The art of a Salesforce implementation can differ immensely from any other platform project your organization may have undertaken in the past, thanks to the comprehensive nature of Salesforce’s solutions. Once onboard, Salesforce becomes a single source of truth for your organization and its personnel. However, none of this is possible without proper change and process management.

Here is a list of 10 steps to make sure your Salesforce implementation journey is a success.

Business drivers are a key criterion that either build and/or protect the value of the business. To identify the drivers on which to focus, the business should address specific questions, for example: Which factors will have most significant impact on the value of the business?

Altify’s Customer Revenue Optimization benchmark study found that companies project that 58% of their growth in the next 12-18 months will come from existing customers.

Stakeholder management focuses on building relationships; by engaging individuals via consultation, communication, negotiation, etc., you are able to get a clear understanding of business needs and priorities. It is also important because it helps to enable successful project delivery.

One way to ensure correct stakeholder management is to ensure that stakeholders are mapped according to their roles and relevance to what you are trying to achieve. According to McKinsey, “A typical organization can expect that 50% of the value in their plans is addressed by 15-20 roles.” There is, as a result, a “sweet spot” to focus on the input of 20-30 people who can address nearly 75% of value.

To support business drivers, it is important to set objectives signed off by your business stakeholders. Ensure goals meet criteria such as SMART parameters; they should be specific, measurable, actionable, relevant, and time-bound. The SMART approach changes the way we set and measure goals through its framework; it eliminates generalities and guesswork, setting clear timelines and making it easier to manage risk.

According to Hubspot, “52% of businesses believe that SMART goals help them achieve their goals more often than if they didn’t use a SMART framework.”

In order to meet your objectives and goals, it helps to have a full overview of the time needed to achieve all the activities, plan the work, and have the tasks on track to avoid missing deadlines.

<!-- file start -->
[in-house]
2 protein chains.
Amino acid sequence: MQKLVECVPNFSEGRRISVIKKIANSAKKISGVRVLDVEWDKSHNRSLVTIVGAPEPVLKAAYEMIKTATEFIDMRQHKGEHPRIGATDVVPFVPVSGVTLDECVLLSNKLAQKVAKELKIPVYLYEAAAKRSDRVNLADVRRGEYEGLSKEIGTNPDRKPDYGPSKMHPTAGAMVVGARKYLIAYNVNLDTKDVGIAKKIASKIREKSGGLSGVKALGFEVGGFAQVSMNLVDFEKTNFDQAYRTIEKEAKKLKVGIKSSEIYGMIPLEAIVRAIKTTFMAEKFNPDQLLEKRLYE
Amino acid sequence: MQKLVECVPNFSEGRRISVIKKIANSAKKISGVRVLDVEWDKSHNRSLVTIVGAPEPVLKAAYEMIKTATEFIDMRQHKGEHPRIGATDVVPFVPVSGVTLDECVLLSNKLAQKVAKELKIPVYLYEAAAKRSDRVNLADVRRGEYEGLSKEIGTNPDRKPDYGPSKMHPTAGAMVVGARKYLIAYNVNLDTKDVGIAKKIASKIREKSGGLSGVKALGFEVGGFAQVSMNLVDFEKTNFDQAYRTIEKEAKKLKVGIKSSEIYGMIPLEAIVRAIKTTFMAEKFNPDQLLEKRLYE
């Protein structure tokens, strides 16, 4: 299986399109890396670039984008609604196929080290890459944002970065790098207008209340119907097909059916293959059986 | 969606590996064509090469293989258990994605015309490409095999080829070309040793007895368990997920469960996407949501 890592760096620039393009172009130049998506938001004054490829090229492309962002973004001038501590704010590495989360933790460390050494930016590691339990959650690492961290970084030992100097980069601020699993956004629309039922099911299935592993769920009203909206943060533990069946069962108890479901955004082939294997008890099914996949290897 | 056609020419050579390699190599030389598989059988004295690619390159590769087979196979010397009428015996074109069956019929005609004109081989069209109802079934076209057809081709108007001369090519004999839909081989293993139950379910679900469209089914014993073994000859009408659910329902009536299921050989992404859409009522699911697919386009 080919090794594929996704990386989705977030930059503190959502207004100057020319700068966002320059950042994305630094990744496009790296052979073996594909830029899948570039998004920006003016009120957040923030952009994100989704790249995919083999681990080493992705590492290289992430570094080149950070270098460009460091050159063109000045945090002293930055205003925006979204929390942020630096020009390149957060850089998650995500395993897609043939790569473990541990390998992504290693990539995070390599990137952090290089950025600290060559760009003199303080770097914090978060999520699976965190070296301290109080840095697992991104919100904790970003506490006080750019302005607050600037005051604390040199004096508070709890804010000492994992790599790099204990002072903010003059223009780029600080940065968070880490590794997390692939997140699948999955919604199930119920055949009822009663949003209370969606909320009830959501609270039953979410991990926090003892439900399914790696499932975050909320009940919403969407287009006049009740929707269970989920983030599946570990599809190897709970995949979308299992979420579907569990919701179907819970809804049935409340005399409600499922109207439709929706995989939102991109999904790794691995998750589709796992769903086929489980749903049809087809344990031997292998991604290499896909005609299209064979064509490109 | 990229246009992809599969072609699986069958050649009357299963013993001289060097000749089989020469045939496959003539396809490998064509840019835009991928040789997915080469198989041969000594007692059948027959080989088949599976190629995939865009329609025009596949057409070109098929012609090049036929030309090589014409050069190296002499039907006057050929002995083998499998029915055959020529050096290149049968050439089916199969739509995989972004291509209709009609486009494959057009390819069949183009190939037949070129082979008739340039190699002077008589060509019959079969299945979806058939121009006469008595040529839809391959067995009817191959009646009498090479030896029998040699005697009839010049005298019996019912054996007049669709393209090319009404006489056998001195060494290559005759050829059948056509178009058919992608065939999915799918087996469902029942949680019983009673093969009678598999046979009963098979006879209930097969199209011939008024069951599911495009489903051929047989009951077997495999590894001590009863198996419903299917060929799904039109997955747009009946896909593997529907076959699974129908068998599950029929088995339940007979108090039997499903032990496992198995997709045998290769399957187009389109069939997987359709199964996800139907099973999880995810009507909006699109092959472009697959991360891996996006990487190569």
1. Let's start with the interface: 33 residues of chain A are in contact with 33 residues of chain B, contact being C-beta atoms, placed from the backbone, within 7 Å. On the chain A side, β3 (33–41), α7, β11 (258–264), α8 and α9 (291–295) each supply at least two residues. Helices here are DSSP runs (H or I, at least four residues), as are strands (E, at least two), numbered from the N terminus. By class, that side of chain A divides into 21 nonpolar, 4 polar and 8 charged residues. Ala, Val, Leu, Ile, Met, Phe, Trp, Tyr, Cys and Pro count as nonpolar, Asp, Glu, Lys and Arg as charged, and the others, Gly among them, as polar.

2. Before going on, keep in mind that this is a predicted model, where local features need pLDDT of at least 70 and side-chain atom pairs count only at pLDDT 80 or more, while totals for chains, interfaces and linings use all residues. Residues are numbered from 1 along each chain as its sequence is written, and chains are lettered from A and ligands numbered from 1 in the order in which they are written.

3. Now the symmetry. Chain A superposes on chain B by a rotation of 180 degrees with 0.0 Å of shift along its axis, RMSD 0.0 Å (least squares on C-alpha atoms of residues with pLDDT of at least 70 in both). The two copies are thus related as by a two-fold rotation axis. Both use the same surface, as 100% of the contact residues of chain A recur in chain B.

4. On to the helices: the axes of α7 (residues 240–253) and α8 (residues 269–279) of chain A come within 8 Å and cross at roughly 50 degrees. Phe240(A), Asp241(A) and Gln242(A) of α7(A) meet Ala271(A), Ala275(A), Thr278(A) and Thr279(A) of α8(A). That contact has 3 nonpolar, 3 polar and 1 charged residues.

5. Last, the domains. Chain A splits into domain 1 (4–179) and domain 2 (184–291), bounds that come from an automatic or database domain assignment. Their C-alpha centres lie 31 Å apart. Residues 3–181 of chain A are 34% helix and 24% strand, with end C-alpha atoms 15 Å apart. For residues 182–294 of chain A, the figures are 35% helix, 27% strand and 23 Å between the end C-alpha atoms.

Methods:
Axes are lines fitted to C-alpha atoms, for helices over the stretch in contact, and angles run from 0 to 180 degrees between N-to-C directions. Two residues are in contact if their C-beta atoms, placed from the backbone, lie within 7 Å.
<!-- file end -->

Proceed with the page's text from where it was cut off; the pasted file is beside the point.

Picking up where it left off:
One common mistake is to neglect to ensure planning and project stand-up time is wrapped into timescales. The best project phase to establish timescales is during your discovery; there should be a firm understanding of time constraints and considerations before going into the design phase.

Data underpins every capability that your teams will use; as such, setting out a data model and processes for data capture/reporting provide an effective tool for setting data objectives. Likewise, examining the data provided and understanding its use helps to ensure that data is concise (no duplicates), complete (no missing data values), and in a consistent format (e.g., all file data starts with GB_File1_Example).

A McKinsey Global Institute survey found that data-driven organizations are 23x more likely to acquire customers, 6x as likely to retain customers, and 19x more likely to be profitable.

To select the best product, it is important to focus on the priorities and needs of the client. There may be several products that, in conjunction, fit your business requirements or one product that fits all of your needs.

For example, if a company wants to increase the customer retention rate, they are likely to benefit from using an appropriate tool such as SFMC Journey Builder. With Journey Builder, you can plan your data and content needs and create an outline before you create the journey. With this tool, just increasing customer retention by 5% could lead to an increase in profit of 25-95%.

Prioritizing your workload helps decide what order tasks should be completed based on their importance. This helps to complete urgent tasks first, meet deadlines, and allocate more time to finish larger tasks. We often recommend addressing larger tasks early in your project to ensure that consideration can be made should there be increased complexity due to task size; this is called front-loading.

Risk encapsulates anything that presents a challenge to the delivery of your project objectives. Risks should be mitigated and identified as early as possible to avoid impacting your progress. A certain level of risk tolerance should also be agreed upon at the project conception to ensure success.

Project teams should all hold the responsibility to ensure that risks are not only raised but mitigated at every relevant step; failure to manage things like risks and issues creates conflicts in the later phases of the project.

The onboarding process can take time, but it is important as it brings long-term results. Alongside training, there are a number of capabilities that support team onboarding including Trailhead, videos, documents, and other strategies.

Sales teams with efficient onboarding processes experience 10% greater sales growth rates and 14% better sales goal attainment.

It is important to acknowledge and celebrate progress. Appreciating the work you’ve done can improve your morale and keep you motivated to keep going. Celebrating progress ensures that personnel are also brought into the finalization of the process: 63% of people who are recognized at work  report themselves as unlikely to seek a new job in the next 3-6 months.

Do not forget to follow up by measuring usage and adoption. There are several free tools like the Salesforce Adoption Dashboards which can help!

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